Why is investment in seed-stage startups decreasing?

By Madhvi Mavadiya | 8 December 2015

Figures for 2015 reveal that the number of Initial Public Offerings (IPOs) for technology companies has dropped by 43%, according to financial software company Dealogic. This has resulted in a number of venture capital investors retreating from a focus on seed-stage startups as there is more business growth to be found when investing in startups that are more established.  

Google Ventures, the venture arm, part of the recently renamed Alphabet Inc., has reacted in this way and no longer sees the worth of funding seed deals. President and chief executive, Bill Maris, believes that this part of the venture market is overheated, according to the Wall Street Journal. “We’ve moved away from seed-stage investing. I think there’s less opportunity here.”

To be renamed as GV this week, Google Ventures invested 20% less in 2015 than 2014, despite the amount of capital saved for investing in startups being larger. 57 companies were supported by the venture firm last year and that number fell to 34 this year, according to the Financial Times.

The Wall Street Journal explains how a small deal can cause problems and inhibit growth, rather than encourage it. Those deals that are not followed up by a larger deal after an IPO can present the wrong idea to the marketplace and an example is made of Andreessen Horowitz, the venture capital firm that, like Google Ventures, stepped away from making smaller deals in 2013.

Alongside this, founder of multiple startups, Kevin Rose, who was responsible for seed investing at Google Ventures, stepped down to focus on running his startup.

On the other hand, for those startups that are established, Maris senses that there is a reluctance to go public. “I’m seeing actual companies that are, for reasons that are hard for me to understand, resisting to go public with all they’ve got. The IPO market has been, at least for us, relatively quiet, it’s been a very choppy exit market this year. They would benefit from the rigor and discipline that the public market requires.”

Although, some startups like Airbnb and Uber, that have become a part of our day to day lives, remained private, which resulted in successive rounds of investments of larger amounts, but Maris did not see the logic in this. “They’re setting the bar so inordinately high they’re making life difficult for themselves. There’s going to be some fallout: some of them will lost a lot of money,” Maris said in an interview with the FT.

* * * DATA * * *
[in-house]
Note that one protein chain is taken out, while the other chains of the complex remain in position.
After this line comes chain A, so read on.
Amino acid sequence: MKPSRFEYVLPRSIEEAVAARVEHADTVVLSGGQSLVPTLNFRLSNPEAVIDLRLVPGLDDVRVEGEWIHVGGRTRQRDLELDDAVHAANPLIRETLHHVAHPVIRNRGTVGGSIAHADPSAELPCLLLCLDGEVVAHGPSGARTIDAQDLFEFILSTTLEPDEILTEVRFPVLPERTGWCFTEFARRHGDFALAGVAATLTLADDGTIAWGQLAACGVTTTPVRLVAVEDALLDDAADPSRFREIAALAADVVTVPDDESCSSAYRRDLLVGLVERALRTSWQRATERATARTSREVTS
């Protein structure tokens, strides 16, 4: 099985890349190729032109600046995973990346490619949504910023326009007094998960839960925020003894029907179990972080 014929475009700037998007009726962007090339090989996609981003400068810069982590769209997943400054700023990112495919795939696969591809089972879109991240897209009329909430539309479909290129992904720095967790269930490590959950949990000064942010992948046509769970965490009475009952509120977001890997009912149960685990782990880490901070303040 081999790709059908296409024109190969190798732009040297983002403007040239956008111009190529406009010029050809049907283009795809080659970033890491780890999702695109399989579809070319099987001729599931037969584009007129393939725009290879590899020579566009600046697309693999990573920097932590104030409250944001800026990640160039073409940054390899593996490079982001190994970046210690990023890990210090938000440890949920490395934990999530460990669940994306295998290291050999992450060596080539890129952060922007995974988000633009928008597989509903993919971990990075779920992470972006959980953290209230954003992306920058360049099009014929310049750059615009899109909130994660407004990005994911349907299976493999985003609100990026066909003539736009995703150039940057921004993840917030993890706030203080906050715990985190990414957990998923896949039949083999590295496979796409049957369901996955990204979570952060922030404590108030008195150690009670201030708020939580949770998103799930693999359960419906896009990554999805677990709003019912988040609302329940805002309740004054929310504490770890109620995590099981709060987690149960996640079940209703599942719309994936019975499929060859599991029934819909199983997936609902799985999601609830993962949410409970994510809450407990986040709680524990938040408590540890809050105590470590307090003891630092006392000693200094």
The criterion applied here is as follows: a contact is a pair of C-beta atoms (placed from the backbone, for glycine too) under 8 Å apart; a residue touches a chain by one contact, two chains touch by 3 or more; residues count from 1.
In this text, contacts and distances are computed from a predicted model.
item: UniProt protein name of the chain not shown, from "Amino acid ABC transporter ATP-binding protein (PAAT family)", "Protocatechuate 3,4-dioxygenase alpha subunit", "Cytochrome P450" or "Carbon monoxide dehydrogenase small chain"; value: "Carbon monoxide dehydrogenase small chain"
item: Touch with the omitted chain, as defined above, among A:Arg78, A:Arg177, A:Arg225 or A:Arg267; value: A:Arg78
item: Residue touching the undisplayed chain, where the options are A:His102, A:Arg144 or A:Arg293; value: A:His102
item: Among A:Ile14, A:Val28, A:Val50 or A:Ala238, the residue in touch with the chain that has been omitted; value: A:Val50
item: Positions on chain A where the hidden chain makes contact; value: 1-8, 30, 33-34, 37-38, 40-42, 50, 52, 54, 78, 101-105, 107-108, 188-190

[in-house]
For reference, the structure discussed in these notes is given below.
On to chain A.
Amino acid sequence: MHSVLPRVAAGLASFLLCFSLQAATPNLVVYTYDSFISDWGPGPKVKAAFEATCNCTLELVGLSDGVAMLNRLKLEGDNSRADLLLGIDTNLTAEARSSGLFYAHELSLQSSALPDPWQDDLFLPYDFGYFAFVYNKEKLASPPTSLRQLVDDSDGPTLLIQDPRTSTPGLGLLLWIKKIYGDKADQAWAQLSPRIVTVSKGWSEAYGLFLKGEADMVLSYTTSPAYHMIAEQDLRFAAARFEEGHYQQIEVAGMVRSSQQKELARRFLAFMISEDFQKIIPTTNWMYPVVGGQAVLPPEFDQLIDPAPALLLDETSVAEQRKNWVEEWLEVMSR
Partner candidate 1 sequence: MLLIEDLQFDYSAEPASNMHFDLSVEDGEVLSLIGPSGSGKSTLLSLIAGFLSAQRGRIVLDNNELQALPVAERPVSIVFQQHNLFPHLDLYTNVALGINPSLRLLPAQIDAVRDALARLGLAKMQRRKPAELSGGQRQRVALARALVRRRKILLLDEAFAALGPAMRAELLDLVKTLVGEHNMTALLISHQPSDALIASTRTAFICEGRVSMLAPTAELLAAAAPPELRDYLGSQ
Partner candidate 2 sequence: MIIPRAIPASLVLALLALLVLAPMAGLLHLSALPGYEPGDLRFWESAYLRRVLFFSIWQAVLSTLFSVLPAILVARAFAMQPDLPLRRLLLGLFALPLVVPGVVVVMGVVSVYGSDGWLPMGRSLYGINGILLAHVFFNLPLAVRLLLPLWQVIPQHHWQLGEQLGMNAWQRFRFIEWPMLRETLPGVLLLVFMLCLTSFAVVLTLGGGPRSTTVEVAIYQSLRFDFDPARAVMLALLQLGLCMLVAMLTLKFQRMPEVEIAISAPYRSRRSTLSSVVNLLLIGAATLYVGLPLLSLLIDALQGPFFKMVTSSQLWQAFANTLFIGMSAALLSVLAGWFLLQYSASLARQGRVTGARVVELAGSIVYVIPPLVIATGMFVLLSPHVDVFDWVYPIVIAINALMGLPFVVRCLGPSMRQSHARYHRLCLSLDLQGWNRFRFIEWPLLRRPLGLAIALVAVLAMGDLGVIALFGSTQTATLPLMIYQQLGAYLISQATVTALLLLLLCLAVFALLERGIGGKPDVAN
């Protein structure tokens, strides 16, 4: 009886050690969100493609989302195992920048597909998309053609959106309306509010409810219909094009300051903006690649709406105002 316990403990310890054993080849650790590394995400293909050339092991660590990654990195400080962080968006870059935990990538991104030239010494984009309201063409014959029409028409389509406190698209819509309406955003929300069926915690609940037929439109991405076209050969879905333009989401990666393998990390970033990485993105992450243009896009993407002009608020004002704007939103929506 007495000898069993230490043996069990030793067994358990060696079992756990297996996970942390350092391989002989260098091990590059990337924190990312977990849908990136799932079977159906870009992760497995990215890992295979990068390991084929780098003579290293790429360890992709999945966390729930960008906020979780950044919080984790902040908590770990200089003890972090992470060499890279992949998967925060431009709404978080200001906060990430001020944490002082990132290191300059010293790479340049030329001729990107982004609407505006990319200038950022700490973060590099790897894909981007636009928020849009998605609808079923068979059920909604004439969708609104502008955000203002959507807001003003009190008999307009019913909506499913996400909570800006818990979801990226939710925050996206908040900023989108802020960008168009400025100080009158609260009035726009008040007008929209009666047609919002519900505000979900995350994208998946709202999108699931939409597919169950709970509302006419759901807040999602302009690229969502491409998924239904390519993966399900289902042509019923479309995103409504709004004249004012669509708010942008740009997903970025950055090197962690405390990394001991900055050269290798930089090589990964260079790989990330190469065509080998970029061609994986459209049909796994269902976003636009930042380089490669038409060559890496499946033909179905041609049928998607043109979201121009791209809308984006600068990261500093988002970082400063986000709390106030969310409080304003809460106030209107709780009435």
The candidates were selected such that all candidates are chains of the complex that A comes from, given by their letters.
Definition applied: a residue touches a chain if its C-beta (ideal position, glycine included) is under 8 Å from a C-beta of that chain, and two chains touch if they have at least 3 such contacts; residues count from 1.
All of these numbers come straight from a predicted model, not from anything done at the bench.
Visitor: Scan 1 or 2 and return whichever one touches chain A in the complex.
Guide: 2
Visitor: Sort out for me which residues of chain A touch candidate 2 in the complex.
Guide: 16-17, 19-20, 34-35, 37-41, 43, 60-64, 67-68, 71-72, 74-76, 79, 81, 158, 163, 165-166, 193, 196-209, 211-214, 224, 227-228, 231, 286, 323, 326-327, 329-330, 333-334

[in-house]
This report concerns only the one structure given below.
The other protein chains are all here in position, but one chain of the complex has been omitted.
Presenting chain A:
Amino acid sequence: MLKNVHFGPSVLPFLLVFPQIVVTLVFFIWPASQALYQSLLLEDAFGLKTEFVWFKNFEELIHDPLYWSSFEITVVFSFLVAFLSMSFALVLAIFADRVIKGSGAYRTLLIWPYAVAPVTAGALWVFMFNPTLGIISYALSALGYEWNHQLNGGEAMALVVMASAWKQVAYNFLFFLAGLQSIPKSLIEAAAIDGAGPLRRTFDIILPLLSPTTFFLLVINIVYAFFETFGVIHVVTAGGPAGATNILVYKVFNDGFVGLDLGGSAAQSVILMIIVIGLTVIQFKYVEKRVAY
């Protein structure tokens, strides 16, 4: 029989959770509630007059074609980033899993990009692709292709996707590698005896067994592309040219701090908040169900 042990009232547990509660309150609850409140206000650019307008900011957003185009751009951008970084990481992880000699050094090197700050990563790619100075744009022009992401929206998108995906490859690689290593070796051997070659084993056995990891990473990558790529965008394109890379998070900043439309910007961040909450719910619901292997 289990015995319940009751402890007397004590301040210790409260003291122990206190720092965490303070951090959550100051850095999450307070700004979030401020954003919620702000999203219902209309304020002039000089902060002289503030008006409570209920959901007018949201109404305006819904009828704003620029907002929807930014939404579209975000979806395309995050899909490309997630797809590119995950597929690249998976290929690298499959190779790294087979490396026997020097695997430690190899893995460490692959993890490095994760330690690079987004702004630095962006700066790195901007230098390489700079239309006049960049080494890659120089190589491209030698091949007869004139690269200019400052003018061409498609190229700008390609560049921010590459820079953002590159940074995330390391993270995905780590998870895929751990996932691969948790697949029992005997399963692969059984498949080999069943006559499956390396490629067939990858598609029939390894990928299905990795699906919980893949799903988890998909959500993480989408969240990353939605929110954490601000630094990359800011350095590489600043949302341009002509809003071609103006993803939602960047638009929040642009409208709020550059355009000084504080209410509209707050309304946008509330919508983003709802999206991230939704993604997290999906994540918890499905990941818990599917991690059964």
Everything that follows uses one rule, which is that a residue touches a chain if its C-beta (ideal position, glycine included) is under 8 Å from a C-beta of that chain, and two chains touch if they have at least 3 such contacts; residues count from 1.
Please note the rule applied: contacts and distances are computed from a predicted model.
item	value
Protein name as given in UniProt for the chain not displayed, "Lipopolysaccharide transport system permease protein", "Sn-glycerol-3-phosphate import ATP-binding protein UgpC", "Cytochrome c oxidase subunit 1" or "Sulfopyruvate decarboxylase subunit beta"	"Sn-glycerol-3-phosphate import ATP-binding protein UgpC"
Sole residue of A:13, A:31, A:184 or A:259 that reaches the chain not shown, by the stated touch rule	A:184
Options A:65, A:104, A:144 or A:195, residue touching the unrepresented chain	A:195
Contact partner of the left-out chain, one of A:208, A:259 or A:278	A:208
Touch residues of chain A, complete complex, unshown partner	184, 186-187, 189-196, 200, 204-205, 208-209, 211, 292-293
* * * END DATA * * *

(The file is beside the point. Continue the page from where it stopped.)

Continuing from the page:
During 2015, Google Ventures prioritised 31% of its total capital for organisations that specialised in health care and life sciences, according to the WSJ, but this is a slight decrease from 36% funded in 2014. Regardless of this, Google Ventures invested 24% of its capital in consumer startups in 2015, up from 8% in 2014. “I don’t think there’s a lot of meaning in that. Percentages move around,” Maris dismissed the figure.

More than 300 startups have been backed by the investment unit, which has meant that the investor has become one of the most active in Silicon Valley, especially after funding into ride-hailing application Uber and the acquiring of smart home startup Nest for $3.2 billion.

The FT also reported how Google Ventures may increase the rate of investment by stopping running separate funds for overseas investing which would provide more flexibility. This decision was made only 18 months after the first international fund was set up with the intention of dedicating $125 million to European ventures.

Only six investments were made with this pool and according to the FT, Maris denied the fact that this was a disappointing result, despite not reaching financial targets. Startups that began in the private sphere have become more aware of risk recently as the US interest rate rise continues to loom over the business sector.

“There’s less money, more fear, more caution,” Maris said. 

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